Metro

Students, community members march in opposition to Trump

After rally at state house, protesters walk to East Side, back to state house

By
senior staff writer
Friday, November 11, 2016

Protests in opposition to the unexpected election of President-elect Donald Trump have sprouted up in cities across the nation since his victory Tuesday. While opposition to Trump is multifaceted, several demonstrators in Providence Wednesday specifically referred to Trump’s inability to secure the popular vote as a reason for their anger.

“I don’t accept a Trump presidency,” said Jenna Soenksen ’20. “It terrifies me and the people I care about.” Soenksen heard the noise of the demonstration from her room and joined the march despite not knowing where it was headed. Trump’s “rhetoric and the way he talks about women and minorities and the LGBT community is horrible,” she said.

Protesters began gathering on the steps of the State House building at 7 p.m., growing in number until beginning to march from that location at 8 p.m. A police officer on the scene estimated that there were about 800 demonstrators at the beginning of the night.

Carrying a number of anti-Trump signs and shouting slogans like “pussy grabs back,” and “hey hey, ho ho, racist Trump has got to go,” protestors set out from the State House, winding throughout the downtown area and Federal Hill before turning to the East Side and marching through College Hill.

A police escort followed the protesters throughout, blocking oncoming traffic as demonstrators walked through normally bustling streets like North Main and Thayer. The protest was peaceful in its entirety.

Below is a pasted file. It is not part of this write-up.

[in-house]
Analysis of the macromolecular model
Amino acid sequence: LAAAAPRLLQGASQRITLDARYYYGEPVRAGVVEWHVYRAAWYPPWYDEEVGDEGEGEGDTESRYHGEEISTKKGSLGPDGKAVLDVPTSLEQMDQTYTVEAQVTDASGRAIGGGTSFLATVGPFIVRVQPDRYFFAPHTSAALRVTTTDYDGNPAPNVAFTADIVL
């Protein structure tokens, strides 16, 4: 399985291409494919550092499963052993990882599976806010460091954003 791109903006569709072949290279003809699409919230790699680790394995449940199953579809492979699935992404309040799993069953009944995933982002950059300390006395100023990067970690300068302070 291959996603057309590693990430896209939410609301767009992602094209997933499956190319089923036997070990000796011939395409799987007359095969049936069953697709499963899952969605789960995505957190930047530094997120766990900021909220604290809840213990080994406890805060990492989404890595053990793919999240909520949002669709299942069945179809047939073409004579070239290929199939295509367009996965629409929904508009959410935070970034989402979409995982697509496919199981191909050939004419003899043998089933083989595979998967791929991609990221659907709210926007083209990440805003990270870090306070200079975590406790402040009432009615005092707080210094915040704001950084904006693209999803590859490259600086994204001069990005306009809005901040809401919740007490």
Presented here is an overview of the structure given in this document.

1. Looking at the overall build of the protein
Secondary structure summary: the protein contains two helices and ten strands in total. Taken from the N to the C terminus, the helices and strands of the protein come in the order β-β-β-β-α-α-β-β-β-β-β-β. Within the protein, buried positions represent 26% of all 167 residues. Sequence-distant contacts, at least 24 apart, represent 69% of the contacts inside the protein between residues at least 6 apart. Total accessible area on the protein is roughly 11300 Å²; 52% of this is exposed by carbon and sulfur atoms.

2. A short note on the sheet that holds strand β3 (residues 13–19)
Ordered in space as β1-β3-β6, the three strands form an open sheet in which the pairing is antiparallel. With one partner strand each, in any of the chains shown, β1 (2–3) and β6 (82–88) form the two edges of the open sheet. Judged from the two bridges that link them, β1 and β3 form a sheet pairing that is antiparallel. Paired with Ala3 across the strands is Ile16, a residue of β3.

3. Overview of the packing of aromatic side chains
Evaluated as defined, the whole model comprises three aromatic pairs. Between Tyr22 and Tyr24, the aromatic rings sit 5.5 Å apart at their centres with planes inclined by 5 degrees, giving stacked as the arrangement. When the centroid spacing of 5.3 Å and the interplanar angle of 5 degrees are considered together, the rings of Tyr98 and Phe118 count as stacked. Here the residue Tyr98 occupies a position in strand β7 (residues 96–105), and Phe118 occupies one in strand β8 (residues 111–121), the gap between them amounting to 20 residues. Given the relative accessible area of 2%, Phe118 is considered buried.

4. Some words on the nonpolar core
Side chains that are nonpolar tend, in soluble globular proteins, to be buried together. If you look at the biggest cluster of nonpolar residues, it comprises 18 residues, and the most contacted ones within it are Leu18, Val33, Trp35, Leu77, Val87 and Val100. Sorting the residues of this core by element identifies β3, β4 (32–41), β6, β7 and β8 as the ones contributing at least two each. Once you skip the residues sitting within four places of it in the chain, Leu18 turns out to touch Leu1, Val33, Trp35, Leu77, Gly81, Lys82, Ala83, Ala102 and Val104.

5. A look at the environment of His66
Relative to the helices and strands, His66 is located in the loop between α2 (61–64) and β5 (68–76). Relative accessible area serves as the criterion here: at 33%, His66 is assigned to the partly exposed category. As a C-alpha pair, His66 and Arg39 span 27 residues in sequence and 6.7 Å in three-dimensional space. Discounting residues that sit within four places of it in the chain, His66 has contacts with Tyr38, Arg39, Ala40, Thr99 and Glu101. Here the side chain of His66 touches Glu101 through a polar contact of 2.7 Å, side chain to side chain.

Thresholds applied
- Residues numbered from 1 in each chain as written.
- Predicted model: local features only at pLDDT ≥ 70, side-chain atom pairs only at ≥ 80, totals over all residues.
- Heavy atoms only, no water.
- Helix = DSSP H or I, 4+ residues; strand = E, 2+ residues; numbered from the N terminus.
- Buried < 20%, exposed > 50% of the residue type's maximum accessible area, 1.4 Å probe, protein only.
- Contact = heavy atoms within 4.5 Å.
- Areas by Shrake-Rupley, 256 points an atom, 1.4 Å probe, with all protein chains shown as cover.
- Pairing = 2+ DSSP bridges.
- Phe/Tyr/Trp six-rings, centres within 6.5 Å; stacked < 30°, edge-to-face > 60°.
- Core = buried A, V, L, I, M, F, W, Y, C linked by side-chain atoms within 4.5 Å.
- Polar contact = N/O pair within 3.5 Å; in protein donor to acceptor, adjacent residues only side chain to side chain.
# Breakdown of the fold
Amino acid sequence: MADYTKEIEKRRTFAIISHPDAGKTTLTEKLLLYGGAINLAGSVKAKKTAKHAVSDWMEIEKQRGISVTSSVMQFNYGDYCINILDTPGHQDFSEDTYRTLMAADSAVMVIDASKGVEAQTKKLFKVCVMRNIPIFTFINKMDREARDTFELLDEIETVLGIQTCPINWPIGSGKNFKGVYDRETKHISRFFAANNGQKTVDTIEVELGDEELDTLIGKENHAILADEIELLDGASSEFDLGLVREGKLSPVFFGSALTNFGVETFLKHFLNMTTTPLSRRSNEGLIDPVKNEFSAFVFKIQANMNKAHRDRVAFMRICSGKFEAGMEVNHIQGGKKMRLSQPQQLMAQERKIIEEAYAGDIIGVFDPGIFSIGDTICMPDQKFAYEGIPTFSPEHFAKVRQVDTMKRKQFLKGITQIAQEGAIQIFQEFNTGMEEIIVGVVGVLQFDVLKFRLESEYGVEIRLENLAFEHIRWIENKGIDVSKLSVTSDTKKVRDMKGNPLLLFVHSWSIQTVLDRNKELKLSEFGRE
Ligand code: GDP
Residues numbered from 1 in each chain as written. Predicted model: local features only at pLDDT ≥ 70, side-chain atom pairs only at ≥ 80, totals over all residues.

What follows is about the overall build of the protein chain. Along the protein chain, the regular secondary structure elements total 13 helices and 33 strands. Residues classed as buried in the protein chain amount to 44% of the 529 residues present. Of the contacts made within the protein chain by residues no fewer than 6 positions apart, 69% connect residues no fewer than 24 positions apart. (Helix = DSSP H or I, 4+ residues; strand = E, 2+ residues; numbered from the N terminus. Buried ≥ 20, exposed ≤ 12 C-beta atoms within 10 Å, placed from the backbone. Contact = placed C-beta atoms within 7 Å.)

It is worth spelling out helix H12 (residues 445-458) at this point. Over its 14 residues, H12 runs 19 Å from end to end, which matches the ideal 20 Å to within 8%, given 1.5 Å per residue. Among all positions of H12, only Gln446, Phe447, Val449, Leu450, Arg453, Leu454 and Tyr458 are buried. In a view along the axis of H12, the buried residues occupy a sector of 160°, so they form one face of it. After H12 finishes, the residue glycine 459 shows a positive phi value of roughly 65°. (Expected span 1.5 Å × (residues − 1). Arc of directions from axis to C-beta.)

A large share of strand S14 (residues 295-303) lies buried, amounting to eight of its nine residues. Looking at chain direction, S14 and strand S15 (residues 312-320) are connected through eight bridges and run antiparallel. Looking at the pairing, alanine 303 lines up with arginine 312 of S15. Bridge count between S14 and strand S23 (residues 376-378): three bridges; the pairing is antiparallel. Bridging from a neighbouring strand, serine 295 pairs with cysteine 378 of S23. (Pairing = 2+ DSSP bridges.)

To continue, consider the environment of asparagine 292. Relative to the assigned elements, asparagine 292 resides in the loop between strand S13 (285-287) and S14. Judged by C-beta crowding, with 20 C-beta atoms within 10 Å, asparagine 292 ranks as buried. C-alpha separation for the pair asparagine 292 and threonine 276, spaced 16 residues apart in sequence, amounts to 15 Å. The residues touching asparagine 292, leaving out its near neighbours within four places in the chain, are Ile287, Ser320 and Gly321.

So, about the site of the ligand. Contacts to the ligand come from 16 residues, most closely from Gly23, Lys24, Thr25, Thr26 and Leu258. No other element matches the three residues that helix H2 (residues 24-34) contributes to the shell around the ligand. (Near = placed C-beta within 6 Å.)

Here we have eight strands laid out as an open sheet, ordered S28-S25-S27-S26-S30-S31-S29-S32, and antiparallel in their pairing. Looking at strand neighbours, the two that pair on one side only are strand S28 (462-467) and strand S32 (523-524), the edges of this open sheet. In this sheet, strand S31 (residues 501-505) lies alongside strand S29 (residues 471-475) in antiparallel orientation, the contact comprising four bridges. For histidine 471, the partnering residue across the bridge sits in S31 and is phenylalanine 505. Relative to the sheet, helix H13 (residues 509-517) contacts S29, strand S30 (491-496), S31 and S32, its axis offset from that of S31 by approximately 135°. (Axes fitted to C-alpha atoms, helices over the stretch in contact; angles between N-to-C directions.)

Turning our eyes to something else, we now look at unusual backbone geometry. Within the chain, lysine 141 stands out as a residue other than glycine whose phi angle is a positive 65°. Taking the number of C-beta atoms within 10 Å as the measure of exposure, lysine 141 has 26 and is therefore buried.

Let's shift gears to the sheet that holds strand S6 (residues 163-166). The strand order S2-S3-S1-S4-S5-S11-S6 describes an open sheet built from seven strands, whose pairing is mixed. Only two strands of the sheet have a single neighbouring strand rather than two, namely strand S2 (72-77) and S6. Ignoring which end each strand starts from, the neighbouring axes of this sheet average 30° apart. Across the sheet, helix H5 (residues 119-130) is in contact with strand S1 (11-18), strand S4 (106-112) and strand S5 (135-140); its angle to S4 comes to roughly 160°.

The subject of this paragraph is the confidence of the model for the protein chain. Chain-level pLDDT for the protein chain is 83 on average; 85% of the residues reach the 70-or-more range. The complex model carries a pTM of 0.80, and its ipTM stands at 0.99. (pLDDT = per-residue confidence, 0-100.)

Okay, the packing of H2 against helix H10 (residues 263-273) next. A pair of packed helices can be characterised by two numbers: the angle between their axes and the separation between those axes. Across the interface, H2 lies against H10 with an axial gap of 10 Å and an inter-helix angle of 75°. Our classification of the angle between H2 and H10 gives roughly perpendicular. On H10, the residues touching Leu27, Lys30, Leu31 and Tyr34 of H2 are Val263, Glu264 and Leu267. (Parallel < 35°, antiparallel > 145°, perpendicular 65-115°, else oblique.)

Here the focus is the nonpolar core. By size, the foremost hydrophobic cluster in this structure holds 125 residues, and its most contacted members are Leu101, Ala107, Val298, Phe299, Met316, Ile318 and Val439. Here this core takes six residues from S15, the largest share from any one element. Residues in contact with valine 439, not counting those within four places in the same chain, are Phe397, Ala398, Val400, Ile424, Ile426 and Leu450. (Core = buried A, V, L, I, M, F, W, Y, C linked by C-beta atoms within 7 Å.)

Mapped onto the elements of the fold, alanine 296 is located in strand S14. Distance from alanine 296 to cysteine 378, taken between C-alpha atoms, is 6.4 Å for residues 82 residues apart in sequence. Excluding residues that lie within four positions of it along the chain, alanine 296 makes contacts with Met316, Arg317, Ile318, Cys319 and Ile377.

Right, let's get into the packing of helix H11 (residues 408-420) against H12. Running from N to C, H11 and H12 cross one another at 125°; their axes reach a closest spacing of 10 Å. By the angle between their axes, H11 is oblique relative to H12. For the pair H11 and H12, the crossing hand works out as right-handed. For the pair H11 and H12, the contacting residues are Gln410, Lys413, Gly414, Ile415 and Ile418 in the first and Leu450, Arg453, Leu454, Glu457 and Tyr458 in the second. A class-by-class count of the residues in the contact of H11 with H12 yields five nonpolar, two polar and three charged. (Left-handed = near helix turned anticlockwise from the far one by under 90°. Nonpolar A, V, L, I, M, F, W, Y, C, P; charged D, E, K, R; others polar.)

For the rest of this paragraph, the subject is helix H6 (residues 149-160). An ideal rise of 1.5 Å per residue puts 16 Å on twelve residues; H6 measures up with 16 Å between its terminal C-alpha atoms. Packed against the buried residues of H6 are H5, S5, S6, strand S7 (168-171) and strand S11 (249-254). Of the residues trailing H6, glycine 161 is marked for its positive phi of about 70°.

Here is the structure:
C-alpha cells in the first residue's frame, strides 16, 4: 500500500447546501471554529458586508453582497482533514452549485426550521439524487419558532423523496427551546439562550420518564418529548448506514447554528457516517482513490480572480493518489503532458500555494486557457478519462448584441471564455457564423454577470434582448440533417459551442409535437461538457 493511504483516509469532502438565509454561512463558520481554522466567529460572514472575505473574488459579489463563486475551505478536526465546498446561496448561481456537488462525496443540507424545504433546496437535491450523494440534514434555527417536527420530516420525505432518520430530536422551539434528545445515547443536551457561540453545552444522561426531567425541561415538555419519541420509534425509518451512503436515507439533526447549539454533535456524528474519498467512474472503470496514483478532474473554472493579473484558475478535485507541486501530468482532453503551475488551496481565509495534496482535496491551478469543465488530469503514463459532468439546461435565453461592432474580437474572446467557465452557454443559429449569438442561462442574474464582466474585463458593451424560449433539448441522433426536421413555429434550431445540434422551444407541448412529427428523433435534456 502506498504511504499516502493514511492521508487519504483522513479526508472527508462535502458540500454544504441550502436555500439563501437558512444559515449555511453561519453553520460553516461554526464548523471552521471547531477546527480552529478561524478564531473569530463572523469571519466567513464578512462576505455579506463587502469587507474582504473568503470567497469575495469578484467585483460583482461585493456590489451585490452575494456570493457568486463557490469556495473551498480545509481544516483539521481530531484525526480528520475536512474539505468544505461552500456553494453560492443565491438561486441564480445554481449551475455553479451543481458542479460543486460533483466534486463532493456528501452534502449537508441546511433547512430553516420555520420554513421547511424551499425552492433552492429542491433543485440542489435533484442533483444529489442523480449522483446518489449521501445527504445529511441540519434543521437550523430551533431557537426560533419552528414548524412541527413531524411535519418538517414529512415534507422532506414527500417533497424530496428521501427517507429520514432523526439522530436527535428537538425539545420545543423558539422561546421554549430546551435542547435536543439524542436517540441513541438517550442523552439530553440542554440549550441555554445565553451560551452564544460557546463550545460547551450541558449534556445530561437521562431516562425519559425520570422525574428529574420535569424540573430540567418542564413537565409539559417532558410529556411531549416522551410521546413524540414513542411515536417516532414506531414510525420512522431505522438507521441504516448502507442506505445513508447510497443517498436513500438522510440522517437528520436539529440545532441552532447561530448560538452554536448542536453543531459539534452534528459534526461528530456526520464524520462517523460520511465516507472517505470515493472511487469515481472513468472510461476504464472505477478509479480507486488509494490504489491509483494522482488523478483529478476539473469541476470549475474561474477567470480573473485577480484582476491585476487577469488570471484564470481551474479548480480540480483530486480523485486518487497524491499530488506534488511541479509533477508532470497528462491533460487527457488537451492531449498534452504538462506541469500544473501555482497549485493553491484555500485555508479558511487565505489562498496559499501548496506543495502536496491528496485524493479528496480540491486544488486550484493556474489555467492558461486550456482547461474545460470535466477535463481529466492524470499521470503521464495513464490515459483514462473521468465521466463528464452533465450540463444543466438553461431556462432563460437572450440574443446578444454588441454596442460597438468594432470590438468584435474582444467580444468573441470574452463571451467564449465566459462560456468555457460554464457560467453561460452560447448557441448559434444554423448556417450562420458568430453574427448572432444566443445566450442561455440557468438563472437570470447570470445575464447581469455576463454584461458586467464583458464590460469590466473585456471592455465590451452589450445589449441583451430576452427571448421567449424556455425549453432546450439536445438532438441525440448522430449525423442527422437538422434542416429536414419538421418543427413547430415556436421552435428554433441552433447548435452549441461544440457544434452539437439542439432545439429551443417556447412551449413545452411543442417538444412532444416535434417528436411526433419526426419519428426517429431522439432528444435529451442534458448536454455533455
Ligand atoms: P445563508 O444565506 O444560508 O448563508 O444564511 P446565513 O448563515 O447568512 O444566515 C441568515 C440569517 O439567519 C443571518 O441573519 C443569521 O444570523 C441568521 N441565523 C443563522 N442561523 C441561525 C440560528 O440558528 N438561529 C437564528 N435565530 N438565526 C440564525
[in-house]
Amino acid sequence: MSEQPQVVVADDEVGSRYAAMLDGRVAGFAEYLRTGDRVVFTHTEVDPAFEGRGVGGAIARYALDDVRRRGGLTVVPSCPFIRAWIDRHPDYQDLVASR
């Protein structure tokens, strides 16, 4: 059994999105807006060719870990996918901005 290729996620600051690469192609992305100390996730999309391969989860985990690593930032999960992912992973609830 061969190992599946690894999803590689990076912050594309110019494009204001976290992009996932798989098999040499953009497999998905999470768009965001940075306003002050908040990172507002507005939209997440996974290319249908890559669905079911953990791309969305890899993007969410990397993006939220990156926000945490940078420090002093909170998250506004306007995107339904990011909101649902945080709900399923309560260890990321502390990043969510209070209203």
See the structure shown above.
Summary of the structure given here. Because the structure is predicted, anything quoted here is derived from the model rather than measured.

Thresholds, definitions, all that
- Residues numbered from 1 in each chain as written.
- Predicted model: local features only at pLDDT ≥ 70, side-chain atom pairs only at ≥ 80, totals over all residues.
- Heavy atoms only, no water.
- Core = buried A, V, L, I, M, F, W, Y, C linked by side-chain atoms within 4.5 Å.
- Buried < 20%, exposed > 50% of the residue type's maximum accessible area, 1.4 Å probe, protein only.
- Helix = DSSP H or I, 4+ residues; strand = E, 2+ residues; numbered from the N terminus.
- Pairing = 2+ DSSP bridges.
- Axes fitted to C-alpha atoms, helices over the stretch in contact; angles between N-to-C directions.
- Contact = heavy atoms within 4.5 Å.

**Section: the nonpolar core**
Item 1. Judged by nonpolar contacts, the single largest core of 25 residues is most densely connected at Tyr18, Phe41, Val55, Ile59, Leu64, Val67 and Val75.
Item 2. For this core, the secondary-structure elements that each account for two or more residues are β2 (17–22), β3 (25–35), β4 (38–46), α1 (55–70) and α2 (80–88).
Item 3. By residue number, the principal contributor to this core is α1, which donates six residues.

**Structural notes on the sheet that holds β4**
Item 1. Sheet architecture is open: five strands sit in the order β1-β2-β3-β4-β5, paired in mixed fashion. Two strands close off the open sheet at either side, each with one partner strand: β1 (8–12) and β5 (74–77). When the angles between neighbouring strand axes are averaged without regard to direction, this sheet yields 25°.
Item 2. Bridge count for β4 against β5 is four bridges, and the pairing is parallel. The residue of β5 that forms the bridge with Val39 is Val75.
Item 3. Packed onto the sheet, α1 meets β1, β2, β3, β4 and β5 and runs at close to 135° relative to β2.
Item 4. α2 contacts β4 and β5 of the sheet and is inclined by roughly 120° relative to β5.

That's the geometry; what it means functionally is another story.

“This is what we need,” said Annie Voss-Altman. “We need to come together and fight hatred.” Voss-Altman rushed onto the street with her family upon hearing the protestors marching, displaying her own campaign sign for former Democratic presidential nominee Hillary Clinton to roars of approval from the crowd.

Rick Grosso, a junior at the Community College of Rhode Island, learned about the protest through Facebook and marched from the beginning of the night to its end. “I’m a little bit tired,” he said.

Grosso said he does not stand for Trump’s attitude, “be it (toward) Muslims, Hispanics, black people, women, anyone at all.” He added that if he could tell Trump one thing, it would be, “Please don’t make our worst fears possible.”

The group waned in number over the night, with only about 100 protesters remaining when the march returned to the steps of the State House at 10:30 p.m. Despite their reduced numbers, protestors remained defiant in the face of a Trump presidency.

“Since we have a rigged system, we should use it to save our country,” one protester shouted at the assembled group. “We should organize in contested states and argue that half the electors vote for Hillary.”

Some others were still less optimistic even in the midst of such an electric movement. Zach Nelkin ’17 referred to Trump’s “racism, sexism and xenophobia” in explaining his sense of dread and uncertainty about the future.

“Quite honestly I have no idea what to expect from him,” Nelkin said. “Sometimes it’s very hard to tell what he stands for except for pure hate.”